• Passivation is of particular concern when a high rate of current discharge is demanded from the battery. Under normal discharge conditions, the redox reaction “consumes” potassium hydroxide molecules at the zinc/electrolyte interface, resulting in a lower concentration of potassium hydroxide in the electrolyte at the zinc/electrolyte interface. However, molecules in solution tend to move within the solution to provide a uniform distribution of molecules throughout the solution. Thus, the potassium hydroxide in the electrolyte migrates from areas of higher concentration to the areas of lower concentration. This results in a constant supply of potassium hydroxide molecules at the zinc/electrolyte interface for further reactions. A similar process occurs to move the zinc oxide/hydroxide molecules in solution away from the zinc in the anode and toward the cathode. [0008]
  • A high rate of current discharge forces the process out of equilibrium. As discussed above, to supply a large amount of current, it is necessary to have high surface current density. The increased reaction rate required to provide the high surface current density creates a localized condition of a low amount of potassium hydroxide and high amount of zinc oxide/hydroxide. There is, however, a relatively high amount of potassium hydroxide and low amount of zinc oxide/hydroxide within the pores of the cathode. Thus, as discussed above, the zinc oxide/hydroxide molecules attempt to travel toward the cathode while potassium hydroxide molecules attempt to migrate toward the anode. [0009]
  • The problem arises at the separator which divides the cathode material from the anode material. In normal operation, zinc oxide/hydroxide and potassium hydroxide molecules pass freely through the porous separator, thus maintaining an even concentration of molecules throughout the electrolyte. This process breaks down under a high rate of current discharge since more molecules are attempting to pass through the porous separator than can be efficiently passed. Thus, the separator acts as a dam on the molecules, and an increase in the concentration of molecules results in a precipitation of zinc oxide/hydroxide molecules near the separator, which restricts the flow of potassium hydroxide to the anode, hindering additional redox reactions. In this situation, increased surface area of zinc is beneficial since a lower concentration of potassium hydroxide in solution is needed to generate the requisite surface current density. In addition or as an alternative, increased electrolyte loading in the anode area can supply the required potassium hydroxide molecules. [0010]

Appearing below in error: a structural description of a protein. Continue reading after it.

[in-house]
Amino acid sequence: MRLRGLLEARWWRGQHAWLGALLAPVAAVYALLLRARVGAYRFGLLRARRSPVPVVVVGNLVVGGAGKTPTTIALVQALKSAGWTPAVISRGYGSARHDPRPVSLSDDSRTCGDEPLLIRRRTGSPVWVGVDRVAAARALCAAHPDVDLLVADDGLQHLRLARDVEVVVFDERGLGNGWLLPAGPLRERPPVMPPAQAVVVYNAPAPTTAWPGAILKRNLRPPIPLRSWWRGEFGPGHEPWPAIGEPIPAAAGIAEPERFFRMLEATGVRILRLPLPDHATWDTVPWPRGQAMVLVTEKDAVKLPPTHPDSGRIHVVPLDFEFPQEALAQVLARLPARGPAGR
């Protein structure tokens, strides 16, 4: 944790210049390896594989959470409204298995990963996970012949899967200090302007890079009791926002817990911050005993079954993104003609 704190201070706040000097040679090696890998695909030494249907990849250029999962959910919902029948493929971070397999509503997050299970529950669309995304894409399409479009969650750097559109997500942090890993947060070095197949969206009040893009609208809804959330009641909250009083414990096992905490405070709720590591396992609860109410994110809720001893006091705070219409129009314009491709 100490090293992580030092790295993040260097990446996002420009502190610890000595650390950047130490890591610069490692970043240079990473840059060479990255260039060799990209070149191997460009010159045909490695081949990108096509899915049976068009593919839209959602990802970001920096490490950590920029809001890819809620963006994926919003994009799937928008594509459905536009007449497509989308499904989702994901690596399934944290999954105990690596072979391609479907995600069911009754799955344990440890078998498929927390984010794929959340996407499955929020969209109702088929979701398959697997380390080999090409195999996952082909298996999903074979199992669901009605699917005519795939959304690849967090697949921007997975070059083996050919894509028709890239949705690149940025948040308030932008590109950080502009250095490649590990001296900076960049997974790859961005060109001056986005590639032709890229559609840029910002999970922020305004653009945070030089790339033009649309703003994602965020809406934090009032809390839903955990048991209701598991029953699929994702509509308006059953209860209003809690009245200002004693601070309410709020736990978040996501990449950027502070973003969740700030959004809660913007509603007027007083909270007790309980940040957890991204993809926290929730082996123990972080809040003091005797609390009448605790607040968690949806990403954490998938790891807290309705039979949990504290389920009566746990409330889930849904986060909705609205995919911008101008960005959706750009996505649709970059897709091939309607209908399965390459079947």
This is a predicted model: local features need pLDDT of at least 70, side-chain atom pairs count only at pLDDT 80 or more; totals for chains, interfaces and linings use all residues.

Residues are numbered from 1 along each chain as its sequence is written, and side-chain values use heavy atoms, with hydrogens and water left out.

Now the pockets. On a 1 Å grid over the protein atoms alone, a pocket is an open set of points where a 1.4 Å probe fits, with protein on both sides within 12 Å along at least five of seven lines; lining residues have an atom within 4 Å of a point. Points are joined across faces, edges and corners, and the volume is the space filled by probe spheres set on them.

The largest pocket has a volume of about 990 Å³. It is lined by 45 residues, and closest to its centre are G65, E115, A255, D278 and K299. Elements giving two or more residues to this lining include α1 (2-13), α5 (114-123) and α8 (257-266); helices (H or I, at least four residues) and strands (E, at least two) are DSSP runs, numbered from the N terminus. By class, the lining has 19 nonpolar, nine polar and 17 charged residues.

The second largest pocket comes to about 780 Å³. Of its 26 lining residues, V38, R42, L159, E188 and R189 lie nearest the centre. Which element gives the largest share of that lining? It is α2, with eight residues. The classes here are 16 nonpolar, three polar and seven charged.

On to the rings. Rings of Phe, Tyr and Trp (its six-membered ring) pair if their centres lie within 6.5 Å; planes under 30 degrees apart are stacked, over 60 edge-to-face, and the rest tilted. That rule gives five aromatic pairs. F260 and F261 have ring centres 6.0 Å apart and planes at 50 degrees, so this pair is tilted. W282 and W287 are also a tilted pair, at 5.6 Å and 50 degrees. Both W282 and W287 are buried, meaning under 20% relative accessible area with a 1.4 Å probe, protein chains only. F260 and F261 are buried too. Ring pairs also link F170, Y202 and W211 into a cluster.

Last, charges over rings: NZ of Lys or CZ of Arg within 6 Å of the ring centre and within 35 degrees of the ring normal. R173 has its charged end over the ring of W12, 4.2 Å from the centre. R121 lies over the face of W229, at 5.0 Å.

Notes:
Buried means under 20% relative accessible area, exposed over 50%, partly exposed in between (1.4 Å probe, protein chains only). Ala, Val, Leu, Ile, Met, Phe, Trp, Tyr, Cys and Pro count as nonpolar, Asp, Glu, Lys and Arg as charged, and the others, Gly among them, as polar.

• Accordingly, it is well known to use zinc in the form of a powder in the manufacture of battery anodes since small particles provide the greatest surface area for a given mass of zinc. U.S. Patent Application No. US2001/0009741 A1, published Jul. 26, 2001, of Durkot et al., discloses the use of very small zinc particles (fine particles or dust) dispersed amongst zinc-based particles in the anode of an alkaline electrochemical cell to improve the operating characteristics of the cell. According to that patent, the use of the fine particles reduces the total zinc loading needed to achieve a given level of cell performance due to the increased surface area achieved in using particles rather than a solid mass. [0011]
  • However, the use of zinc powder does present certain challenges. Specifically, the zinc must be in electrical connectivity with the cell collector assembly. However, zinc powder does not maintain a stable connectivity unless it is greatly compressed. Obviously, the compression of zinc powder results in a loss of surface area. Accordingly, several approaches have been used to eliminate the need for high levels of compression of powder while providing for the requisite stable connectivity. [0012]